On September 2, 1986 Knox County Emergency Communications was established. Through visionary leadership, both Knox County Executive Dwight Kessel and City of Knoxville Mayor Kyle Testerman signed local legislation to bring 911 technology to the City of Knoxville and Knox County. Both jurisdictions collaborated to bring Enhanced 911 and centralized dispatch to our community to better serve emergency service communications. The city and county split the cost to build the facility and purchase the necessary equipment to establish the 911 service.
On January 1, 1987, the switch to 911 service was flipped on and twenty minutes later the first Knox County 911 call was received. The center was housed in the City-County Building on Main Ave in downtown Knoxville.
On February 1, 1987, Knox 911 became the first in Tennessee fully consolidated dispatch center when they added the 800 MHz radio system to the Knox 911 center. At the time it was the first 800 MHz system in the state and only the third such system in the country.
In 2000, Knox 911 purchased the current 911 call center from Knoxville Utilities Board and began a major renovation and expansion of the building. With a total investment of 11 million dollars in facilities and technology, the team began to fully operate in the new facility in 2003.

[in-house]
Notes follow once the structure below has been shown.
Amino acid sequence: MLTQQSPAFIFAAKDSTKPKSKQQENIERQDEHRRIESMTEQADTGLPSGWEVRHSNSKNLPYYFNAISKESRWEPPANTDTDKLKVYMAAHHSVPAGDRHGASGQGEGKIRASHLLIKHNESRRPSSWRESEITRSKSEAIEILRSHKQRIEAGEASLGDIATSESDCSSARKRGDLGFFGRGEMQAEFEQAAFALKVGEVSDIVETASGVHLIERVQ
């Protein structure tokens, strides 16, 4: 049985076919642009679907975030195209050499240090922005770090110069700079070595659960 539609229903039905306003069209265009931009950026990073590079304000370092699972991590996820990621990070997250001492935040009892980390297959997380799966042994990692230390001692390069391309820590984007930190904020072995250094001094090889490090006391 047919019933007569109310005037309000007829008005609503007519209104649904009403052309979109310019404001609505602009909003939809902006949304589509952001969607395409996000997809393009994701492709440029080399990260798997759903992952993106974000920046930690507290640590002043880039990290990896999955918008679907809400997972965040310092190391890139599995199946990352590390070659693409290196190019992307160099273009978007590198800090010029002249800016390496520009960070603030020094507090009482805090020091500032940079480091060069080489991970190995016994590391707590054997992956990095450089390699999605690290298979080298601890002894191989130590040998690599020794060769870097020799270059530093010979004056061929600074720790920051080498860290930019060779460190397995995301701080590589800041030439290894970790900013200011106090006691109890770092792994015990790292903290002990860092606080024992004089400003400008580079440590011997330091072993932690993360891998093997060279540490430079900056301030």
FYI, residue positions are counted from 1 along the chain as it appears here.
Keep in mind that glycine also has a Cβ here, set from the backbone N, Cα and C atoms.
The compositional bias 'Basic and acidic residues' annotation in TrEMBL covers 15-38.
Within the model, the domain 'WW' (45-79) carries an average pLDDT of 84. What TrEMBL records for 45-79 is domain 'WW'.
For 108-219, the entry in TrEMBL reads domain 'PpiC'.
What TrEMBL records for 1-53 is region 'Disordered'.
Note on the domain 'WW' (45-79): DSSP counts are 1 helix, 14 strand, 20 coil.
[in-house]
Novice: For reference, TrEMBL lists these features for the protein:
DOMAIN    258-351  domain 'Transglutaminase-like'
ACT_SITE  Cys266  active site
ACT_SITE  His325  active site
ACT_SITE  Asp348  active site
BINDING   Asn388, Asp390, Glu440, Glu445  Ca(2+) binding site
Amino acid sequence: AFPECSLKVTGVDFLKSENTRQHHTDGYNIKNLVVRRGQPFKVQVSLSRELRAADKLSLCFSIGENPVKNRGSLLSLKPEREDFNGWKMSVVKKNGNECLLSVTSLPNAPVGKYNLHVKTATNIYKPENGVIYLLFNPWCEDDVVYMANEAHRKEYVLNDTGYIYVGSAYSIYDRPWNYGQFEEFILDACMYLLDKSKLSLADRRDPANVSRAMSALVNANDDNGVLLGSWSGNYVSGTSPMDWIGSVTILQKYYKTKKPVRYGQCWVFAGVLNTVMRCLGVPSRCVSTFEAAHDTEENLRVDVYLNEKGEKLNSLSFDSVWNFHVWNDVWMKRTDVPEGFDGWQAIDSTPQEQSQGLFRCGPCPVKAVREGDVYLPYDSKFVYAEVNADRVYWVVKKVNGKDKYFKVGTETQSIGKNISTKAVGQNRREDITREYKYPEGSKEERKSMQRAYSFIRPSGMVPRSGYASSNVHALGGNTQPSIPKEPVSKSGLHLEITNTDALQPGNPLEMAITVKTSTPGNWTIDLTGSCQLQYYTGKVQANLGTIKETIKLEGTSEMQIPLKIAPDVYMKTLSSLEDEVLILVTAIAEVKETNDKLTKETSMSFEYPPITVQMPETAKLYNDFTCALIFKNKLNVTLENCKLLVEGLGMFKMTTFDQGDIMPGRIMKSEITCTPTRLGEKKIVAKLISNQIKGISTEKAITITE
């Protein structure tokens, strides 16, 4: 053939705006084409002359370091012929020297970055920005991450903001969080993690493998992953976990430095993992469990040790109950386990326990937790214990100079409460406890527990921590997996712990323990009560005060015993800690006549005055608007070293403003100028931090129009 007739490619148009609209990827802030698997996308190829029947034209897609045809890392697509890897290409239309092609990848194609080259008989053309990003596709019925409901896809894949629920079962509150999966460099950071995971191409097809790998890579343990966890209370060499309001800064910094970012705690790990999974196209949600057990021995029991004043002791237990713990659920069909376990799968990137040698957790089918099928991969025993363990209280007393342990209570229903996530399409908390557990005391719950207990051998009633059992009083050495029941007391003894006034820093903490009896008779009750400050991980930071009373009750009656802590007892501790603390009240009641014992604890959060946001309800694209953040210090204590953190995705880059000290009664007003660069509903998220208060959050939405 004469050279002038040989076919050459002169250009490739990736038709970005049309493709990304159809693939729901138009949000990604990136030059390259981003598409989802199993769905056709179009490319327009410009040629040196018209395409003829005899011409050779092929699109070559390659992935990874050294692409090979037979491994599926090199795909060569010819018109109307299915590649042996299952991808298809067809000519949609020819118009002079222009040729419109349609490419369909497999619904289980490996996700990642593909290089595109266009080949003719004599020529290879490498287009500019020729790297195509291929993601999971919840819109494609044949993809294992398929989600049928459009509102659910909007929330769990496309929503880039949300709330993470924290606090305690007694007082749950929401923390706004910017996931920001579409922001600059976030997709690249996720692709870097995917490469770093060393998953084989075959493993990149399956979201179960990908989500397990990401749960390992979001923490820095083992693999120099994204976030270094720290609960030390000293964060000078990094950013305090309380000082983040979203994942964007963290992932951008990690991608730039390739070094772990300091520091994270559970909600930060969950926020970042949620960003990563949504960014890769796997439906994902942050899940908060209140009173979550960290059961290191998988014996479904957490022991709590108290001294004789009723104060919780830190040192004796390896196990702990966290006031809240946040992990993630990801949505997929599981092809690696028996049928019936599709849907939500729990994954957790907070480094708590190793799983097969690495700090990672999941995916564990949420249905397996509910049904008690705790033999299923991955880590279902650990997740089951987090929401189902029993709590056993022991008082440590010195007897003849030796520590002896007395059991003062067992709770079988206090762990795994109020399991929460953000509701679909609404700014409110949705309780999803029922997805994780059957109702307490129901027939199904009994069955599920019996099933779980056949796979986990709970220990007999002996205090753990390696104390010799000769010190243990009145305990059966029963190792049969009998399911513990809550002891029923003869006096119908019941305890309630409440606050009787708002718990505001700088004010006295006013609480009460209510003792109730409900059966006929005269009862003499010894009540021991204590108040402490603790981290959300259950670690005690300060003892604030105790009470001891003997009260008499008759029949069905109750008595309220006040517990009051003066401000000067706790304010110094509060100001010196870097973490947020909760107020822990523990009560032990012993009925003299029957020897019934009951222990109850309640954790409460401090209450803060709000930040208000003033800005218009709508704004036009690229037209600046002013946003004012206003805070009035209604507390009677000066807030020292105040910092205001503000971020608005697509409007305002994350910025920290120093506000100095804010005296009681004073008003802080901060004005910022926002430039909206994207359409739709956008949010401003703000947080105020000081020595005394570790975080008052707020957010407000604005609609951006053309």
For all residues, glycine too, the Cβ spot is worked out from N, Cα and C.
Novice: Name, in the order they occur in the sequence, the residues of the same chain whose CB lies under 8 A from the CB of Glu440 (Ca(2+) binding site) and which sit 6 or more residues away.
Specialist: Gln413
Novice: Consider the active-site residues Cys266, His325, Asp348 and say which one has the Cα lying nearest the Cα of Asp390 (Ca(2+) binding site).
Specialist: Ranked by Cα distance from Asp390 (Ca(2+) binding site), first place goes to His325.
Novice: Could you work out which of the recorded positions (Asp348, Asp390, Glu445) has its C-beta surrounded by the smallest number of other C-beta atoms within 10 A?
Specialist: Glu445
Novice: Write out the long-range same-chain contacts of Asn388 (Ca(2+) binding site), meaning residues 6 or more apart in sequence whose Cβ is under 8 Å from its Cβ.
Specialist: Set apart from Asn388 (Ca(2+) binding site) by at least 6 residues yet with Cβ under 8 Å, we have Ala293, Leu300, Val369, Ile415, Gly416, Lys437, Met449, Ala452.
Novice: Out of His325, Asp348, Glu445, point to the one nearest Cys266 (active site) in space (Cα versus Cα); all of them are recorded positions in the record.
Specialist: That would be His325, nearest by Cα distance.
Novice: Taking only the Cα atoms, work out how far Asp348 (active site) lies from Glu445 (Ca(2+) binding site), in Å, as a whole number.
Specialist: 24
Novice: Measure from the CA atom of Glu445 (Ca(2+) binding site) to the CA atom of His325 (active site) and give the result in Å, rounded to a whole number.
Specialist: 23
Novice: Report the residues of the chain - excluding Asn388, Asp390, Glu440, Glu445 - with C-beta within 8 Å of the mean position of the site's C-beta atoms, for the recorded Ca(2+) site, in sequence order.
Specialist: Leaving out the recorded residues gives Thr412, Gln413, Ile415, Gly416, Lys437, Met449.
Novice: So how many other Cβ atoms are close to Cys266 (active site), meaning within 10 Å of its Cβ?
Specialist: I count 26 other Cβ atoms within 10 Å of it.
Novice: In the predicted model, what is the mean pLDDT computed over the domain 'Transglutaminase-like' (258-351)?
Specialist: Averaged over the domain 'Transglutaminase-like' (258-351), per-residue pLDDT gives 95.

In 2002, Knox 911 was awarded international accreditation. We were the first communications district in the State of Tennessee to achieve accreditation through Commission for Accreditation of Law Enforcement Agencies (CALEA). That accreditation award has been renewed and is current.
In 2004, we were the first communications district in history to be part of the CALEA Tri-Arc Award. This award is given to municipalities that have a Law Enforcement, Public Safety Training Academy and Public Safety Communications all simultaneously accredited through CALEA.
In 2016, Knox 911 began the process to move to the P25 Digital radio system and built an additional master site in the Tennessee Valley Regional Communications System. Joining the system meant that Knox 911 moved away from the old analog radio system and onto the digital platform.
In February 2021, Knox 911 went live with Text to 911 technology allowing people to place a 911 call via text. The service is not meant to replace the traditional voice call but is another avenue for those who cannot safely make a traditional 911 call get the help they need.